Last Updated on July 29, 2022
As a county established back in the fifth century it’s no wonder that Suffolk has a fair few relics hiding out amongst its towns and countryside.
Besides historic houses and early century churches, Suffolk also boasts various ruins and well preserved castles that make for a fantastic day out.
Rounding up five of the most exciting historic sites to visit in Suffolk, we’re confident that you’ll schedule a little time travelling into your next holiday.
Each easily accessible from our barns and barges for rent, we’re sure that you’ll enjoy these unique destinations when staying with us.
- Bury St Edmunds Abbey Gardens
At one time, the Abbey Gardens in Bury St Edmunds was one of the richest Benadictine monasteries in England. The centre of a pilgrimage and the burial place of the town’s Saint Edmund, it would be hard to overstate the importance of this historic site.
Beautifully preserved, there are various ruins that have survived to tell the many tales of the Abbey and the gardens are located close to the town’s magnificent 12th century cathedral, an architectural wonder which has an impressive history of its own.
Only a half hours drive from our barns for rent, the Abbey Gardens is also perfect for dog walkers. With refreshments available and the town just a short walk away, a visit to the Abbey is a real no-brainer!
2: West Stow Anglo Saxon Village
An archeological site and open-air museum located an hours drive from our barges, the West Stow Anglo Saxon Village is a reconstructed village that allows visitors to step into a time machine that goes all the way back to the Iron Age.
Complete with displays, artefacts, and interactive exhibits, the museum is truly immersive and truly brings to life the settlement that existed in these parts over 1500 years ago.
Besides the museum, the West Stow Anglo Saxon Village also houses a collection of rare pigs that visitors are welcome to feed. Whilst this might be a bit of an unusual attraction, it’s certainly unlike any that you’ll find elsewhere!
3: Framlingham Castle
The castle which inspired Ed Sheeran’s hit single Castle on the Hill, Framlingham Castle was originally built in 1148 before being swiftly destroyed by Henry II in the revolt of 1173. Eventually rebuilt and taken by King John in 1216, the castle went on to become fit for a king once again by the end of the 13th century.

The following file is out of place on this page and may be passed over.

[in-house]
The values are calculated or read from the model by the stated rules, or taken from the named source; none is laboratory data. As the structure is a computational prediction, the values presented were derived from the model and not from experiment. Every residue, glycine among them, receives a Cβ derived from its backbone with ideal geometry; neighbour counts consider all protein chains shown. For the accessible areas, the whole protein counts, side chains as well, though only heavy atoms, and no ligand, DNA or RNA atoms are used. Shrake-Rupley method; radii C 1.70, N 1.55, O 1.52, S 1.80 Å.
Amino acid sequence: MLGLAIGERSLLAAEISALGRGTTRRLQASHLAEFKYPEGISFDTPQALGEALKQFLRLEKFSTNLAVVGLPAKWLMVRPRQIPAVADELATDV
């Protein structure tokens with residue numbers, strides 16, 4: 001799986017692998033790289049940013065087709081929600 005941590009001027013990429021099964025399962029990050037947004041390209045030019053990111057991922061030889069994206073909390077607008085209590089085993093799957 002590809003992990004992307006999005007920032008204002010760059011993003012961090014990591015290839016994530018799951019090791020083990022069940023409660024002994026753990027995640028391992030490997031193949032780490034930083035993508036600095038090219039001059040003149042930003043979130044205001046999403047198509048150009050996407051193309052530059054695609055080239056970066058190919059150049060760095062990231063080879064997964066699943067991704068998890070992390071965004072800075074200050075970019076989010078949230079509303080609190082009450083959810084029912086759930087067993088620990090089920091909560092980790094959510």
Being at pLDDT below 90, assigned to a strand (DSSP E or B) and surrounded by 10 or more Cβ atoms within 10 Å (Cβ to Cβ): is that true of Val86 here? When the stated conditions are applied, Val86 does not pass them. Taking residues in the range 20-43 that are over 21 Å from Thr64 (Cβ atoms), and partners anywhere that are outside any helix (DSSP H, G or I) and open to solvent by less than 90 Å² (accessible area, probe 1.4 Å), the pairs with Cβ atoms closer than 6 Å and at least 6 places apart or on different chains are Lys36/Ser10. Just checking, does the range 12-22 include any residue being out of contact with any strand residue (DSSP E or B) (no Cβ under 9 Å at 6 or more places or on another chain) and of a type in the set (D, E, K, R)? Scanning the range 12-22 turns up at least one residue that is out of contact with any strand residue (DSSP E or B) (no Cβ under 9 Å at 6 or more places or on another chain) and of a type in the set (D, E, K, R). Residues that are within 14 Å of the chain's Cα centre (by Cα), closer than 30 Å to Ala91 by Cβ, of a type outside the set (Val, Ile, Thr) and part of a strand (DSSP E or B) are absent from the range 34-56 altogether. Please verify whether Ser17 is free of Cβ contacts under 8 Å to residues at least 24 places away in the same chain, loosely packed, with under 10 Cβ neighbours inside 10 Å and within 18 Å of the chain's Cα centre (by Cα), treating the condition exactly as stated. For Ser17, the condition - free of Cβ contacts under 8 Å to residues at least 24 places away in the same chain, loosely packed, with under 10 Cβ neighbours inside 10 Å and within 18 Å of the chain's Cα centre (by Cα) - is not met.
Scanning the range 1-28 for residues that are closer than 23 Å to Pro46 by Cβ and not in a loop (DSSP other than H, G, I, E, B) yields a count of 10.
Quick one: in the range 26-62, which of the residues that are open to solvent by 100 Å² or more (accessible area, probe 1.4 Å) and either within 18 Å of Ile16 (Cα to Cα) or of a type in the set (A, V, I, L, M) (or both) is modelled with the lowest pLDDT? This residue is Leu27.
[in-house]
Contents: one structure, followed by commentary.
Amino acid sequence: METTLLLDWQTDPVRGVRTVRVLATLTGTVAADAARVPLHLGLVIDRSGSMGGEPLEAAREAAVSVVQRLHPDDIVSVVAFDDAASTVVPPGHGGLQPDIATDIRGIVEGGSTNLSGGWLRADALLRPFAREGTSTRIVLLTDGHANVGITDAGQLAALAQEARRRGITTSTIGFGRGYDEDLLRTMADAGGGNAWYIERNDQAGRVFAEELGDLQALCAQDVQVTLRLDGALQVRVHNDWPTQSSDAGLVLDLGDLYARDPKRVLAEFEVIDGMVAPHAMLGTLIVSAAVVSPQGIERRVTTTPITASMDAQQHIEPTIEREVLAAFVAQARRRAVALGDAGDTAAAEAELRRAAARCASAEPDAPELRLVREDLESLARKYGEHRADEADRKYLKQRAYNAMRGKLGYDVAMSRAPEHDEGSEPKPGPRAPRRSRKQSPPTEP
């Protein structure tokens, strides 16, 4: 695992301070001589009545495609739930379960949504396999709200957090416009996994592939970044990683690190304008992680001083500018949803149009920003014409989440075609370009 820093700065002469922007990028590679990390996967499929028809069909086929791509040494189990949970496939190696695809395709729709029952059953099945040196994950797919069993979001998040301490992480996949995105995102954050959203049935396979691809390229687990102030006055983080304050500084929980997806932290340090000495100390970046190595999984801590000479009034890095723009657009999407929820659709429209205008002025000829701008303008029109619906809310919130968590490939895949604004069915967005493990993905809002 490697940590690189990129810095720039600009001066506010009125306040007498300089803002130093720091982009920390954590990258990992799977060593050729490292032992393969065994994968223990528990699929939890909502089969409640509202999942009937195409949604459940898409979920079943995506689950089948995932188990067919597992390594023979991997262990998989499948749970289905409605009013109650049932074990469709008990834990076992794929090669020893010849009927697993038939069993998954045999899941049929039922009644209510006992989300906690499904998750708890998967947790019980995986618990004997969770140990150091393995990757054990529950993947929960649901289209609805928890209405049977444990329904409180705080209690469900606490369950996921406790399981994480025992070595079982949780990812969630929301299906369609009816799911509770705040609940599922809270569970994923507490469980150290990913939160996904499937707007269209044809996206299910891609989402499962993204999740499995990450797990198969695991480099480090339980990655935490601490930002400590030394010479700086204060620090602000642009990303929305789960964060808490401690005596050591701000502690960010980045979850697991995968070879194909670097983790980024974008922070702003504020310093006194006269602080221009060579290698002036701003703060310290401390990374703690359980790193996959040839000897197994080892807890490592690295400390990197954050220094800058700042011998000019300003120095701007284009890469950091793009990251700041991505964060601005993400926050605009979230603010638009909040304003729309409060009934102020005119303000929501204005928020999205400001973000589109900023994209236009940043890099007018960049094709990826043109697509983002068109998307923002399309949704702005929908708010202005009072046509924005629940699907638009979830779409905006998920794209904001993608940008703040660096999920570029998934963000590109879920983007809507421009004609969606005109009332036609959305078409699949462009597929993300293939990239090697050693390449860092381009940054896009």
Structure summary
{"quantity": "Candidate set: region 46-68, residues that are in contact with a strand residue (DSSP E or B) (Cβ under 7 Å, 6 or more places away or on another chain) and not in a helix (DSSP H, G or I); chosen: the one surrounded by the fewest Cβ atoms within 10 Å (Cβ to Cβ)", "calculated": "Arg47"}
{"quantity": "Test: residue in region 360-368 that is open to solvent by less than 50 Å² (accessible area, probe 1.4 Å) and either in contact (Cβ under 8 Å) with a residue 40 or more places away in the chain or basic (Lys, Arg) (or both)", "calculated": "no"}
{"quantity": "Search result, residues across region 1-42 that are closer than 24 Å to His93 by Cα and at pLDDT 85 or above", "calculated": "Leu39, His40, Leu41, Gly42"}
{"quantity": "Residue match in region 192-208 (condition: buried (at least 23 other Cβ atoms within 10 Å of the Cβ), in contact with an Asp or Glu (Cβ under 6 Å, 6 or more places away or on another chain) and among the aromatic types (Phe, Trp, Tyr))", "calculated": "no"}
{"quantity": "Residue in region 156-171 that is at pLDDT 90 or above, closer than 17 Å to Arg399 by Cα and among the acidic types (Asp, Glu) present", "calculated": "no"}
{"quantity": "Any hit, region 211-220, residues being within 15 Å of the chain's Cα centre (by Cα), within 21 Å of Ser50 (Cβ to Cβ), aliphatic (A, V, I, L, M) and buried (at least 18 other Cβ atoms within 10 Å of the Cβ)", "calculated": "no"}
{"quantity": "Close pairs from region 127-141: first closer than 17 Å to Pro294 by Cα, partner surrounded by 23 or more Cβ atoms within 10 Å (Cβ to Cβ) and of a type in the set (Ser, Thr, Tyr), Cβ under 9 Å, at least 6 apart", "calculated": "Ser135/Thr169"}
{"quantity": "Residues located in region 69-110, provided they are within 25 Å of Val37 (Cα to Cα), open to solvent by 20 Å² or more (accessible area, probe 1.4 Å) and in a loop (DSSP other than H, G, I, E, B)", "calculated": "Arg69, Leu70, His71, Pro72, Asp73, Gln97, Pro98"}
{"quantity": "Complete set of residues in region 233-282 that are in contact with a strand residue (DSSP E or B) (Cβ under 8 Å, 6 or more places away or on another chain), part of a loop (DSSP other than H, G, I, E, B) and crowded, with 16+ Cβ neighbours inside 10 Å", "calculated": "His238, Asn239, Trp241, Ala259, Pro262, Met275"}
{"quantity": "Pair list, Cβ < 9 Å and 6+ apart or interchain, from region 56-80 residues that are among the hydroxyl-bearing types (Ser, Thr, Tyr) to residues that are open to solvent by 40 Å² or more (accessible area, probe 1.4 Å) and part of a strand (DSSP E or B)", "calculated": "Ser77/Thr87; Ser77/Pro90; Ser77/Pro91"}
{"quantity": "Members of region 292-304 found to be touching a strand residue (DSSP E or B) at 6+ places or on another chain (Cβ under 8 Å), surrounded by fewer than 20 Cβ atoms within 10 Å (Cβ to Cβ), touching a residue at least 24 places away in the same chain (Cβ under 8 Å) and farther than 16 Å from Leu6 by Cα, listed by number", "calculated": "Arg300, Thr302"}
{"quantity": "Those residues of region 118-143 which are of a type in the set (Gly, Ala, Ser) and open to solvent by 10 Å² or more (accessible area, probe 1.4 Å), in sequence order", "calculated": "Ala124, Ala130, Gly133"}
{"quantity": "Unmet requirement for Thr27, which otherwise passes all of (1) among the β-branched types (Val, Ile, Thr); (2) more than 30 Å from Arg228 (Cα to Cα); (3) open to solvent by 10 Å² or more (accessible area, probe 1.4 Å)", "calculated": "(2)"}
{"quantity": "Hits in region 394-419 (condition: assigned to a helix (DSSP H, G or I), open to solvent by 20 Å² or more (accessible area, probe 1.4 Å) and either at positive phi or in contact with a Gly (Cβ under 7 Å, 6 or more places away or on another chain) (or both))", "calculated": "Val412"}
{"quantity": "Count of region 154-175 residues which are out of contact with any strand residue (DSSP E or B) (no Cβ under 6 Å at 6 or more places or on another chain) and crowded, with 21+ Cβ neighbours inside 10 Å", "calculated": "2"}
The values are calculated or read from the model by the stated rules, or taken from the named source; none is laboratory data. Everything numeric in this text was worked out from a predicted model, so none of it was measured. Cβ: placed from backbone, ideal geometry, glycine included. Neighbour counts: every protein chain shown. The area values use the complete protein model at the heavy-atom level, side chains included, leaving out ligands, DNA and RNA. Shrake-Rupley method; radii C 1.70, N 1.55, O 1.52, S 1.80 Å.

Over the following years, the castle belonged to various powerful families who added artificial meres and generally kept it in fantastic condition before it fell into the hands of Theophilus, the second earl of Cambridge, whose financial difficulties plunged it into disrepair. Sold to the University of Cambridge in 1636, the castle has since served as a drill hall, county court and part of the British regional defense in World War II.
Now in safe hands, the castle is a listed building and is protected and preserved by English Heritage. A mere twenty minute drive from our barns for rent, Framlingham Castle warmly welcomes any dog which is kept on a lead to enjoy all of the grounds and castle with the exception of the cafe.
4: Moot Hall
A swift ten minute drive from ‘Onderneming’, one of our Barges, Moot Hall in Aldeburgh is generally accepted as one of the best preserved public Tudor buildings in England. Established around 1550, this curious timber framed brick building has since been transformed into a museum.
Exhibiting a number of artefacts and displays, visitors can learn all about how Aldeburgh was once a thriving town full of traders and ship builders. There’s also areas dedicated to Roman history as well as an impressive selection of prehistoric fossils.
Once you’re done, we’d also highly recommend you get yourself some fresh fish and chips and enjoy the view along the Aldeburgh coast.
Altogether, Moot Hall is another jewel in the historic crown of Suffolk and is well worth checking out during any holiday in Suffolk.
5: Orford Castle
Only ten minutes drive from ‘Onderneming’, one of our Barges, Orford Castle is considered to be one of the most complete keeps in Suffolk. Welcoming visitors to walks its halls and basement, there are plenty of Roman and Medieval artefacts that help to tell the story of this 12th century wonder.
Built between 1165 and 1173 by King Henry II, this well preserved castle is equal parts unusual and interesting. It’s so unusual, in fact, that historians can’t quite agree on why it possesses such a strange layout.
Like all of the other historic destinations featured in this article, Orford Castle is well deserving of an entire day to explore.
Packed the DeLorean?
If you’re set to get exploring, make sure to get in touch with us today to book a dog friendly cottage or barge for rent in Suffolk to make your next holiday one to remember.